1. Opacity: Have the motion and pressure of waves, abrasions of sand, hydraulics of tides, the peristaltics of passing through (as some must have) various, fishy digestive tracts, worn away the grain’s clarity sufficiently? Thus, unlike a diamond (clarity-ranked and produced at great cost to the environment and with much human suffering), it’s the working of the natural and beneficently eroding world that we’re after here. It’s the roughing up that constitutes value, a scraped, worn and irregular aspect we prize.
2. Perimeter: each piece of beach glass is a study in the ellipse. The ellipse is a broader, more universal form than a circle, though it appears to yearn towards circularity. It labors under our assumption of the circle as higher form, the spherical as enlightened. In its attraction to waves and their languors, one sees in beach glass the evections of its passage through seas, bays, inlets, estuaries, a kind of micro-scale record of the moon’s effect on tides—in the way insignificant-seeming frogs best register subtle environmental changes. Imagine, for instance, an old jeweler’s loupe, its leather case dusty and dried, its lens scratched –; an antique: that is, an object whose state of being is deepened over time by true wear, not a self-conscious made-to-look-worn thing. Where once was a clarity and, one assumes, a circularity, there’s a smudgy and surprisingly ovule form, all the better to fit the eye socket, pressed into place and held by orbital and suborbital bones. Such a thing wears in a way that reveals a body’s peculiarities, as well as the object’s own tendency to bend and adapt.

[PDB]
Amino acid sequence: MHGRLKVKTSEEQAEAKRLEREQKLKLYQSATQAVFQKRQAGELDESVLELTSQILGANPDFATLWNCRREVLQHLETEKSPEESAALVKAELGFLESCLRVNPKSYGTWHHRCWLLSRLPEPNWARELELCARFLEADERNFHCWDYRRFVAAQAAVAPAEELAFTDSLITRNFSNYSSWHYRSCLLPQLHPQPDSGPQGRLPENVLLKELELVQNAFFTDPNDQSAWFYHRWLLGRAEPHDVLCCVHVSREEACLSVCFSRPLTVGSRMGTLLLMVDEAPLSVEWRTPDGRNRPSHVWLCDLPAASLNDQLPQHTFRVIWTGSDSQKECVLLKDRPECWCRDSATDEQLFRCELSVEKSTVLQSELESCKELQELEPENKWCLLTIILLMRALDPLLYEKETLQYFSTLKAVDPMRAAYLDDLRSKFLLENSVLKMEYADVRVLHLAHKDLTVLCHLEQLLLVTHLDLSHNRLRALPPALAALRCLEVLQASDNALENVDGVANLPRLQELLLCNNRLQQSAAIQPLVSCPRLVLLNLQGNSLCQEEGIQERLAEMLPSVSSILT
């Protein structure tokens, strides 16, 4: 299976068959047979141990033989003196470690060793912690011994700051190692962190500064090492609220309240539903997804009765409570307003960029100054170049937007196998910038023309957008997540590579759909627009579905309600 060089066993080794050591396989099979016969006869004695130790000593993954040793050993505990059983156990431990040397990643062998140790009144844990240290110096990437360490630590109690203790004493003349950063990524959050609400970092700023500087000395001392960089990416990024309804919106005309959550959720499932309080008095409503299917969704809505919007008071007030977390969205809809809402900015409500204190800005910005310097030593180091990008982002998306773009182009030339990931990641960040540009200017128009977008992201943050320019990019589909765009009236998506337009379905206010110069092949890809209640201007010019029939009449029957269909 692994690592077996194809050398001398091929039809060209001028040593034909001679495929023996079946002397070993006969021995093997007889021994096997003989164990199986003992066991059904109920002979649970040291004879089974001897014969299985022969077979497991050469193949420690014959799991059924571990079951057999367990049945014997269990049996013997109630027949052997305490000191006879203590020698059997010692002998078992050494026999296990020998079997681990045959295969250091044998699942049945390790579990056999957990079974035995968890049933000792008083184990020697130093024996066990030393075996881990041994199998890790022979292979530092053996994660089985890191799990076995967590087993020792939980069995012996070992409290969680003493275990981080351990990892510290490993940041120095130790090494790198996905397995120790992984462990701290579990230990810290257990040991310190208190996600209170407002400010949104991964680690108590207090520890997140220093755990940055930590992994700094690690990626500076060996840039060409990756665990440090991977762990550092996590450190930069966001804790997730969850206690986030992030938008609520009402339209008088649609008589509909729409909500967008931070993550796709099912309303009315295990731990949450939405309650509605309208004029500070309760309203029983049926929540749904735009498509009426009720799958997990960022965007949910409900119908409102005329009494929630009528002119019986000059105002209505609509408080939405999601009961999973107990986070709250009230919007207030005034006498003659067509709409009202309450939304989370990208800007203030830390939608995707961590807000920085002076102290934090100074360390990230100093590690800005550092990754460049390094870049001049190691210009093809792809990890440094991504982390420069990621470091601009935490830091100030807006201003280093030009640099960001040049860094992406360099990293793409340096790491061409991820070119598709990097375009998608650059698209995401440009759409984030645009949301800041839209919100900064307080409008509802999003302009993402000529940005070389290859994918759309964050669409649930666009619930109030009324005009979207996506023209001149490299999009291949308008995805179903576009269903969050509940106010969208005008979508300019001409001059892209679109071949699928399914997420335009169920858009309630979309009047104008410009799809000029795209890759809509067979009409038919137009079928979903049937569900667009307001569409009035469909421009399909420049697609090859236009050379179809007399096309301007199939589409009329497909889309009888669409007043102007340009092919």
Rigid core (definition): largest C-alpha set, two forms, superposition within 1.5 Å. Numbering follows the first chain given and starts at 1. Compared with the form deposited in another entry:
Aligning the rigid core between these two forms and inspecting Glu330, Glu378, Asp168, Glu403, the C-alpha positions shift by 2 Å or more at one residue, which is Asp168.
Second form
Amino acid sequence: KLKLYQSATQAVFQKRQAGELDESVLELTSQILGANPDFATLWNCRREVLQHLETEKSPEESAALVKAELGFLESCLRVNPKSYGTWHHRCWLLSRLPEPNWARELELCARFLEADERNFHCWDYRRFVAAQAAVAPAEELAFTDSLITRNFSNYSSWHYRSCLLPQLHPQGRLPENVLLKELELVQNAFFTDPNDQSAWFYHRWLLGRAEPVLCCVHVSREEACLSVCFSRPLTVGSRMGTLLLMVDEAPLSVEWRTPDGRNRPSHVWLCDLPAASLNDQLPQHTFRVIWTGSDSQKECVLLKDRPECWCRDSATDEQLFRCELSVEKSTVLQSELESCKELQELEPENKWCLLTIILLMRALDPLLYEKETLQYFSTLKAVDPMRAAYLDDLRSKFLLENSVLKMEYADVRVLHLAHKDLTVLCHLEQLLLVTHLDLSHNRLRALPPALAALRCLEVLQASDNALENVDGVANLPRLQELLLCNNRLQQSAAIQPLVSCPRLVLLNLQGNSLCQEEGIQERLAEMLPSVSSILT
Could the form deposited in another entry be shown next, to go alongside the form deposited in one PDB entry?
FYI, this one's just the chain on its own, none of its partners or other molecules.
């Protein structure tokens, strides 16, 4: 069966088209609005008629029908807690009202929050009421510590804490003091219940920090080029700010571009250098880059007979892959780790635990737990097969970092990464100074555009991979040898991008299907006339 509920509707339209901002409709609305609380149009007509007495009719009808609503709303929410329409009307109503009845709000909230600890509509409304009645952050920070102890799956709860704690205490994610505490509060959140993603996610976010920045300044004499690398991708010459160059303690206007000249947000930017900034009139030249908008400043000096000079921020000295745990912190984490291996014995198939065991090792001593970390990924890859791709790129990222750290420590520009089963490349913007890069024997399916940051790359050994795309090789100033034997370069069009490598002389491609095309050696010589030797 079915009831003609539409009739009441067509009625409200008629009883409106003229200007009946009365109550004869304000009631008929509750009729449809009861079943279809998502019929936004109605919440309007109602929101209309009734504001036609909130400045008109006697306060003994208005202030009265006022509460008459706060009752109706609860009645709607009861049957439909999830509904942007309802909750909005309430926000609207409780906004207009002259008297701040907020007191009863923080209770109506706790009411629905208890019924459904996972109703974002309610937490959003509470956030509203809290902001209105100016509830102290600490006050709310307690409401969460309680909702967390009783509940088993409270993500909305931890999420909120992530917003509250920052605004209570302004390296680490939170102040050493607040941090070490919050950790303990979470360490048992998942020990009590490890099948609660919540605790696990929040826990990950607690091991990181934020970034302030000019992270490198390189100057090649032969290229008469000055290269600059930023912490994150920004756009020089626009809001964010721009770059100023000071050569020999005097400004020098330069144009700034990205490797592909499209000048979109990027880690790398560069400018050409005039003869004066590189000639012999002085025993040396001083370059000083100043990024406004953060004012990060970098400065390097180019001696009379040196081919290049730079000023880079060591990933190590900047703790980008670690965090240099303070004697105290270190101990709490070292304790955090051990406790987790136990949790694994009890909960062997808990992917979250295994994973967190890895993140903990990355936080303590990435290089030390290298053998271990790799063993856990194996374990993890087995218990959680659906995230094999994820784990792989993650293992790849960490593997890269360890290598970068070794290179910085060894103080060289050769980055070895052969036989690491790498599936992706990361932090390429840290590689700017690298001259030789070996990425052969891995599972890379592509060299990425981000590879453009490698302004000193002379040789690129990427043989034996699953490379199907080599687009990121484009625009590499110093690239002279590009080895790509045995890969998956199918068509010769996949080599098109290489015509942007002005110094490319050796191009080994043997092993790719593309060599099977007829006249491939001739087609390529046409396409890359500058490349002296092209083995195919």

3. Retention of the original act of Espial. I mean, these are hidden gifts, and to find them takes an eye trained for certain tones, colors and shapes, amid all the purply siren calls of clam shells, of scallop shell crimps and fractal flutings, the rough iridescence of oyster shells, the mussels’ seductive, wet, midnight shine. Razor clams bearded with algae. Seaweed with inflatable, poppable pockets (very engaging, highly distracting). Finding beach glass requires focus—a dimming of range, a bounding of perspective. So much so that the actual moment of finding embeds, and each piece retains a tracery of its original spot: here’s the green from under the boardwalk; here’s the brown from near the lighthouse which we reached after walking for nearly two hours. Here’s a most surprising, clear one, found, though nearly camouflaged, in the dry white sand of the upper dunes amid the pebble-sized, extremely smooth and limpid spheres of Cape May diamonds (bits of granite worn in a uniform, pea-shaped way, found nowhere else along the East Coast, powerfully enticing, succinct, so opposite the lovely worn volutes of conch and the undulant crescents of glass under consideration here.)